‘Amalgamations:’ A Walk Through Brennan Probst’s Exhibition


Photo courtesy of Brennan Probst

Pieces like “Dinner with My Mother-In-Law” (seen above) offer viewers a look through the eyes of Brennan Probst in everyday moments.

Nicole Guillen, Managing Editor

On a lively Saturday evening in the Bywater Arts District, the UNO St. Claude Gallery hosted MFA student Brennan Probst’s graduate exhibition. The title of the exhibition bears significance to Probst’s work. “Amalgamations” creates visuals based on the dynamic nature of time via photos and sketches.

“It’s the combining of moments in time, or places in space in the way I see or feel in experiences,” Probst said. This combination is apparent through the multiple exposures and negative stacking techniques in his photographic works. Seen to spectators as simple pilings of original photos, it conveys a much greater meaning that pertains to the properties of movement and change within the concept of time.

Probst was drawn to these methods because of their seemingly distorted view of reality. Common situations such as being in a Target are now depicted as a blur, a mess of current surroundings. This was the point Probst was trying to make.

“The subjects within my amalgamated images are not static; they are constantly shifting, moving, and changing much like how I perceive them through my eyes,” he said.

Though a majority of his exhibition are photography pieces, Probst showcases his drawing skills on a peculiar canvas: garbage. His series called “Regulated Garbage” depicts his everyday experiences, from looking at his reflection in his car’s side mirror to his wife sitting on the couch with their cats. Various pieces of trash that serve as the backdrop to these sketches include business cards, a piece of cardboard tubes, a half-ripped dollar and an old check.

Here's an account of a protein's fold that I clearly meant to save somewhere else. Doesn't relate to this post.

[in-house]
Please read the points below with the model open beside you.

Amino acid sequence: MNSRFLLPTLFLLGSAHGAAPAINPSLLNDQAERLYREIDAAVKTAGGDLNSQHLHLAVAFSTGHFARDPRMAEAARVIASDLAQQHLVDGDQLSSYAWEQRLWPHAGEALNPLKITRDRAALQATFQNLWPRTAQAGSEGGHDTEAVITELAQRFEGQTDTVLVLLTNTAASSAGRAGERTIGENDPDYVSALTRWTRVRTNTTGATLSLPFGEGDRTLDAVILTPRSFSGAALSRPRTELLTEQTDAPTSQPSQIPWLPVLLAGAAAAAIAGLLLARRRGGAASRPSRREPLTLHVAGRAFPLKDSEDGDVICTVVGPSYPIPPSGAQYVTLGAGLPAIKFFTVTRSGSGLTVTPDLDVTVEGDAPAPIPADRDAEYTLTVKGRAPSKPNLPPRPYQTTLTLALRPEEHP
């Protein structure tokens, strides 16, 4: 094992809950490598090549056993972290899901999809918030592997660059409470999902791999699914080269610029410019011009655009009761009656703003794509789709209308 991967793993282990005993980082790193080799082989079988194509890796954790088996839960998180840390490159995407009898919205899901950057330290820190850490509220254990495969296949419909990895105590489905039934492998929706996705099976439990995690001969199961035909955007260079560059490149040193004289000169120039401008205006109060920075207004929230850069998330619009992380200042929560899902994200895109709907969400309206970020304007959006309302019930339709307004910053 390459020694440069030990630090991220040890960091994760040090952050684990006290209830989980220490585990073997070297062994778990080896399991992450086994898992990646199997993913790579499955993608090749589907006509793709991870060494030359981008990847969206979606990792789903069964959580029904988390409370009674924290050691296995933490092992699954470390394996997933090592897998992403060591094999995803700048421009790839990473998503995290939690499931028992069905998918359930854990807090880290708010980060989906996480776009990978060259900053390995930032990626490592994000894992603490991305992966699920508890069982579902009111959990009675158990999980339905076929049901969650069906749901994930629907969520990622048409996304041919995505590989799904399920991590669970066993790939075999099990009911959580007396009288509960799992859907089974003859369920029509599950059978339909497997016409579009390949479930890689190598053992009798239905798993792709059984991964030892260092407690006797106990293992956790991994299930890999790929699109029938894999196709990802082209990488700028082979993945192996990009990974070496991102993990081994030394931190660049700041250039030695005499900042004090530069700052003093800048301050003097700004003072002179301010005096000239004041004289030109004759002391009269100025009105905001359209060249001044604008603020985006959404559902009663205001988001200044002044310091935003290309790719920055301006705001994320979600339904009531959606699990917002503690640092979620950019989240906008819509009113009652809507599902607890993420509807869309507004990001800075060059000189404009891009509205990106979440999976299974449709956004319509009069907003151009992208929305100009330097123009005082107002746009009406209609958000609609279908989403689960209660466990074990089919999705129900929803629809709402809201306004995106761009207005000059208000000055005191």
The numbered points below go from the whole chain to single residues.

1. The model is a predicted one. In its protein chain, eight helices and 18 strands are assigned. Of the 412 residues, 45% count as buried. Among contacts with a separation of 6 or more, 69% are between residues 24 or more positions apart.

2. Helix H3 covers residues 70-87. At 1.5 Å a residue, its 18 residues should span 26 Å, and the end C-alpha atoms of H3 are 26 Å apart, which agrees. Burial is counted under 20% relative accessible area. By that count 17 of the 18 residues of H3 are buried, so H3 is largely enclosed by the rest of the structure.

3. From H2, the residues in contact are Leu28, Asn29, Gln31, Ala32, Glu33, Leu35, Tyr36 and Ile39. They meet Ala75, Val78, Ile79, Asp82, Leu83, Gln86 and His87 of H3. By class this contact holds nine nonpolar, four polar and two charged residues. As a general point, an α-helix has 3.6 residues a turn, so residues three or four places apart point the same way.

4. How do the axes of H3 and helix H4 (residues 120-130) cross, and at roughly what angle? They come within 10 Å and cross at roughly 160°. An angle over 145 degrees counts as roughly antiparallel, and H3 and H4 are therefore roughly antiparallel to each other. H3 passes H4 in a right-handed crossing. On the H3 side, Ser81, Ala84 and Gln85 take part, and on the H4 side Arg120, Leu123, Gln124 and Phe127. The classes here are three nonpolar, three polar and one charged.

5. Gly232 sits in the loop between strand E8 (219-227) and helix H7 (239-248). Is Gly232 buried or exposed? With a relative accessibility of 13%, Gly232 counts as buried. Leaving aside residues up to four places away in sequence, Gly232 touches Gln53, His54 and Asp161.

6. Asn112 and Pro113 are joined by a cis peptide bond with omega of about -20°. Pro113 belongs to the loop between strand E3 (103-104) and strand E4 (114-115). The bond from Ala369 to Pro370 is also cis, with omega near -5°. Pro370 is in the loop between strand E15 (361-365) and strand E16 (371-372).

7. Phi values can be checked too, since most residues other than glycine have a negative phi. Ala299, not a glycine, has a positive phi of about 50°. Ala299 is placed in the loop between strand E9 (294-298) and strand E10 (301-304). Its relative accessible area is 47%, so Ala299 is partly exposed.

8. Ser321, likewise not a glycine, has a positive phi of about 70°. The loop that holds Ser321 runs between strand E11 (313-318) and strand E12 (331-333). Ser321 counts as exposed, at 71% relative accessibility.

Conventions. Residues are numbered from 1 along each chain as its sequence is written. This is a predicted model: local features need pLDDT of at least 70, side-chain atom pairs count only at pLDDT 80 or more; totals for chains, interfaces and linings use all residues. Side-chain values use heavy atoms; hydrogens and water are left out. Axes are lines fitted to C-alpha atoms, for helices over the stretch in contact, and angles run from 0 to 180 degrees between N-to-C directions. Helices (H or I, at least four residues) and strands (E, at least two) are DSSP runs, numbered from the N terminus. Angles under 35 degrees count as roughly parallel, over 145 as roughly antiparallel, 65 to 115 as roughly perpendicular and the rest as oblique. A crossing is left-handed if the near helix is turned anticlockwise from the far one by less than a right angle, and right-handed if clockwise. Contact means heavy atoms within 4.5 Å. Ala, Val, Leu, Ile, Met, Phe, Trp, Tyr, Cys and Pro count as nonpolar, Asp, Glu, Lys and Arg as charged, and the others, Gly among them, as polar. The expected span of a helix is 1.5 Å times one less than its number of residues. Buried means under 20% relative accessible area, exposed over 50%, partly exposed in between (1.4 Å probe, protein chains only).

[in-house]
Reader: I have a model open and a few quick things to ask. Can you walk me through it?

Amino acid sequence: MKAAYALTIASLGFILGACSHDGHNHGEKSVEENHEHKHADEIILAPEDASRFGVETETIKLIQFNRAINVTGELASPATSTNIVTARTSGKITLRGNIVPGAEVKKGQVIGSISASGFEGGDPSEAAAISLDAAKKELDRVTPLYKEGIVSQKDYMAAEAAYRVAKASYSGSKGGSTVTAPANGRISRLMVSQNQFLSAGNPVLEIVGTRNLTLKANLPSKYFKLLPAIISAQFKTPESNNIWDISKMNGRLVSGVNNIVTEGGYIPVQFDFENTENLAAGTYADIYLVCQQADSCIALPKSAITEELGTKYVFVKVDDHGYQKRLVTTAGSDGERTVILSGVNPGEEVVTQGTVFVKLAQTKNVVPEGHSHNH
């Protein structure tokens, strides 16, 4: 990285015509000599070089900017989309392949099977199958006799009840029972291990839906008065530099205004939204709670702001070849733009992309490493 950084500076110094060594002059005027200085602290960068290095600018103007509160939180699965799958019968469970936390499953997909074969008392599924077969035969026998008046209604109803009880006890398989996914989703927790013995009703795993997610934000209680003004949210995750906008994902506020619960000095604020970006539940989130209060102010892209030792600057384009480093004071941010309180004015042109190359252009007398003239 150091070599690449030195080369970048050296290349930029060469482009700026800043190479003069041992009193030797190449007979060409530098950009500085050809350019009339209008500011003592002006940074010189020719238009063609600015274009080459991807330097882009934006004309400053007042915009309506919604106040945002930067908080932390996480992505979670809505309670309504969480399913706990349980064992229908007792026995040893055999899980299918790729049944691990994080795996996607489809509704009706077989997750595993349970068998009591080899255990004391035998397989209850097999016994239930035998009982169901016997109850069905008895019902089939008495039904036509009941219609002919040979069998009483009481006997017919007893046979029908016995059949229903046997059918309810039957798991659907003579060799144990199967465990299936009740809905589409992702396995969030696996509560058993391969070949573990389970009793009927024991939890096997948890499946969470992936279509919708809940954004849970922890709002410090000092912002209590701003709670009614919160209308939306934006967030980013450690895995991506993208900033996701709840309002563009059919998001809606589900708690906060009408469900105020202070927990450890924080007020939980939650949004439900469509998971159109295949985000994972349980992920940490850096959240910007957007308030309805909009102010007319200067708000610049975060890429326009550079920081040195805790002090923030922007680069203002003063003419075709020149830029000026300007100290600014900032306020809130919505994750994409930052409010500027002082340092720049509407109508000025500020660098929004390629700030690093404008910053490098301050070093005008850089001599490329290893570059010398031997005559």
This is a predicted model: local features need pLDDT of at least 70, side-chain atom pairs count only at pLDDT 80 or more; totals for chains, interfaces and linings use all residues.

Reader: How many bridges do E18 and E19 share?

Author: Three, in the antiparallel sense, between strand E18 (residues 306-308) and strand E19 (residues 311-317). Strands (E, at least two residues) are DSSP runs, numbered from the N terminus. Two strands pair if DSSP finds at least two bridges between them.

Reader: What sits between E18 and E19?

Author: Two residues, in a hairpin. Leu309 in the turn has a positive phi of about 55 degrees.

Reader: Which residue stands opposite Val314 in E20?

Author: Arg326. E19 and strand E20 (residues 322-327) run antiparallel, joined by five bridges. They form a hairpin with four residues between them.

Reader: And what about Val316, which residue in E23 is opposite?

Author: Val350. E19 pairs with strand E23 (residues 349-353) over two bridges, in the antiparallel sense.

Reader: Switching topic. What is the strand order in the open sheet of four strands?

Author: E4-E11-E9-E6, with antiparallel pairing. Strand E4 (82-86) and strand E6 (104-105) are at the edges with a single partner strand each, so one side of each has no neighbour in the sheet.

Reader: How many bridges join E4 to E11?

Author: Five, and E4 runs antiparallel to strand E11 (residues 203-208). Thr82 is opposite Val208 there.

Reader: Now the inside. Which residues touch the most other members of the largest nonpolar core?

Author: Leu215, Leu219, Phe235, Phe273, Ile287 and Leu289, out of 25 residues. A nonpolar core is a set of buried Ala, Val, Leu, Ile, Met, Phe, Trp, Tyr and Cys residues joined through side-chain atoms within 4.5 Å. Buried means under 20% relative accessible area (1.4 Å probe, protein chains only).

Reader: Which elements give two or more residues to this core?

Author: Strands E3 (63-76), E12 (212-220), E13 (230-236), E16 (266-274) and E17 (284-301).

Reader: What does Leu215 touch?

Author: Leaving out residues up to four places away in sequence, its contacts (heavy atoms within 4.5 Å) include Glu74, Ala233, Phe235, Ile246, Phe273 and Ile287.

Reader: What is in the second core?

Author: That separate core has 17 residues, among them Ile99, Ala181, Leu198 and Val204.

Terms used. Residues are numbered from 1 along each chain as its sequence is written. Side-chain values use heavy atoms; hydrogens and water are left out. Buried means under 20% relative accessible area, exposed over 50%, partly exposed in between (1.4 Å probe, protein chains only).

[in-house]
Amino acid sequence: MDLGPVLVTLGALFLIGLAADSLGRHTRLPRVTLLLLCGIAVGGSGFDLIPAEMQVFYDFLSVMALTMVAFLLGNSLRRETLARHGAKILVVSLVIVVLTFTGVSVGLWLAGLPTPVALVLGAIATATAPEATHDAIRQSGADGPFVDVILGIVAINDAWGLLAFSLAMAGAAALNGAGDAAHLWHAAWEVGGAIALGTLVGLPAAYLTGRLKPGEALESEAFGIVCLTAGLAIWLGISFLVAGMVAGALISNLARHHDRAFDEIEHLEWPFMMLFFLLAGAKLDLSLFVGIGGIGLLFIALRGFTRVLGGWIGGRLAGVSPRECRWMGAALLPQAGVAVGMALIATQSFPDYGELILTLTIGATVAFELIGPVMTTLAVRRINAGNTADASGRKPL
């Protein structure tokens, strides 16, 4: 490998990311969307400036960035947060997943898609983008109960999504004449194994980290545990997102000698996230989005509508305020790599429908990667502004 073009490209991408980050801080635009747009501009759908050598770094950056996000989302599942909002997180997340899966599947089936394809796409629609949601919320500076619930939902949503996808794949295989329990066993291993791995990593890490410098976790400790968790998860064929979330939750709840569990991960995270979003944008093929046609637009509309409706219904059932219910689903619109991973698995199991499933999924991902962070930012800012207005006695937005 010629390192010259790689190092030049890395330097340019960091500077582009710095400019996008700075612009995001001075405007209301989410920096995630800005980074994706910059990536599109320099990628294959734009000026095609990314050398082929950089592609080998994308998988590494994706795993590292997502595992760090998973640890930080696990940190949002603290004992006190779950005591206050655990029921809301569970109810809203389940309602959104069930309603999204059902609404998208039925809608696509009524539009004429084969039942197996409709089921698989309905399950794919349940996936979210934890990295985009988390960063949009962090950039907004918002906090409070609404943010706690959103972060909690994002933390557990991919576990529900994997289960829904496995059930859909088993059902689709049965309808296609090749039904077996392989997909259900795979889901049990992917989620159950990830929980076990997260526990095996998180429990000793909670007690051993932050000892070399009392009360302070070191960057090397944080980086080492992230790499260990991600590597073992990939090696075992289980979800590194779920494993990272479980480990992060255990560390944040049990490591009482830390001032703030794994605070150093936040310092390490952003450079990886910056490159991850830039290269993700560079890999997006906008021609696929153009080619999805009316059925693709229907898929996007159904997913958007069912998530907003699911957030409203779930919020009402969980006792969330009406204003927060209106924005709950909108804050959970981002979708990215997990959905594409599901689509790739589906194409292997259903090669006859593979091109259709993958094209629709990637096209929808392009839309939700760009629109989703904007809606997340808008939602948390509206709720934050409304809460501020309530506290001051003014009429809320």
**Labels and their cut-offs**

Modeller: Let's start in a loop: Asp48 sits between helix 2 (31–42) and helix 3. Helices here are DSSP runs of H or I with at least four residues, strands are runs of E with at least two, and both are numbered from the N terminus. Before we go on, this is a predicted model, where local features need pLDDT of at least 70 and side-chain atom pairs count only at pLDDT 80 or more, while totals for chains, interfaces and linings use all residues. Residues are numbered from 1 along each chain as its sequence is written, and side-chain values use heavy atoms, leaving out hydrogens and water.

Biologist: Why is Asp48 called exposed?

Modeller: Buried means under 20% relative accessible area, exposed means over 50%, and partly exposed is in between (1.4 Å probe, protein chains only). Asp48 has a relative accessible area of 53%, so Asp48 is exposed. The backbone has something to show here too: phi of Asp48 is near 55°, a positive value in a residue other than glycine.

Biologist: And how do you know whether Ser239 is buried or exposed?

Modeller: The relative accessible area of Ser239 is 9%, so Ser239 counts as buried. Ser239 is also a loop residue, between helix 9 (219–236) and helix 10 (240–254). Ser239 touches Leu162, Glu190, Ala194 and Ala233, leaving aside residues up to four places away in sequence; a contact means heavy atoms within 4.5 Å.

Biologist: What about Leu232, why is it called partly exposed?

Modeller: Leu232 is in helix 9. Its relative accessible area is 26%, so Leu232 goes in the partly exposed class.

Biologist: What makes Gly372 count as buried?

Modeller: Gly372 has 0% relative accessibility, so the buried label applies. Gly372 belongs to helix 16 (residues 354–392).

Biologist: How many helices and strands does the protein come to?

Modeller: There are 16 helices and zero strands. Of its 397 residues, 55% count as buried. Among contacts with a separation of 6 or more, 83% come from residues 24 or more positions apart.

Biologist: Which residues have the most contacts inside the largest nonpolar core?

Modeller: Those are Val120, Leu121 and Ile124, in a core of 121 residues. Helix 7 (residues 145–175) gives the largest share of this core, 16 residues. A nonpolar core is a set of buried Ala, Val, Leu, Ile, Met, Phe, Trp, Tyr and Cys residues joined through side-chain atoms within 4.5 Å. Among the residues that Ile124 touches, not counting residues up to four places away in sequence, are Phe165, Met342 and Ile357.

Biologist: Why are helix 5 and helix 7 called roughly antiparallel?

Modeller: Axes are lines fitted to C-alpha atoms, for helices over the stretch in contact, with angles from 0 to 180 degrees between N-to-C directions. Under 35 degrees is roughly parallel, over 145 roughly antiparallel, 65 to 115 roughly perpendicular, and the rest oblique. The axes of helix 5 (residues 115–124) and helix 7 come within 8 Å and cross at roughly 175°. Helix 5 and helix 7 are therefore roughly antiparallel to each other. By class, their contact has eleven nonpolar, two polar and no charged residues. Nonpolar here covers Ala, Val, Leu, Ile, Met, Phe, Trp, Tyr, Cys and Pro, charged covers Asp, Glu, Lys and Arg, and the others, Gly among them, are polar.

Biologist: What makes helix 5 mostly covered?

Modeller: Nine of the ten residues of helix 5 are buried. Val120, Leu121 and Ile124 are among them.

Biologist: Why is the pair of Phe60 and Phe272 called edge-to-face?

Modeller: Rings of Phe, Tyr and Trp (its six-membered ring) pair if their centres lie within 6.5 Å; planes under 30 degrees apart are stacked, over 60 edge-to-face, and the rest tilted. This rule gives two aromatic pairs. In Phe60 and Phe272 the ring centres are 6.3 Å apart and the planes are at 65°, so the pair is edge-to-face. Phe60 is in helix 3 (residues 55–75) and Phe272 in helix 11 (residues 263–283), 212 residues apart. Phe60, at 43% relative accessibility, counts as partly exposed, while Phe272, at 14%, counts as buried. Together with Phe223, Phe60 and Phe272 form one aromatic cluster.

The specific item that the sketches are drawn over cause the experience to be more tangible, as the item is selected from a personal experience. He emphasizes that they are “direct interpretations of my surroundings, translated straight from myself to the object I am drawing on.” While still maintaining viewership control, it is more obvious that the drawings are from Probst’s subjective perspective rather than the perspective of a camera lens.

Time is something the average human takes for granted. Probst urges viewers to hold on to experiences, no matter how big or small. Save the thoughts and feelings and let them fuel your appreciation for the incomprehensible concept of time. With an example like “Amalgamations,” people are led to reflect upon their own perception of life and the continuous passing of time.

Probst’s exhibition is available to the public in the UNO St. Claude Gallery through April 7. The gallery is located on 2429 St Claude Ave. Regular gallery hours are from noon to 5 p.m. Saturday to Sunday.

Brennan Probst is also currently Driftwood’s head photographer.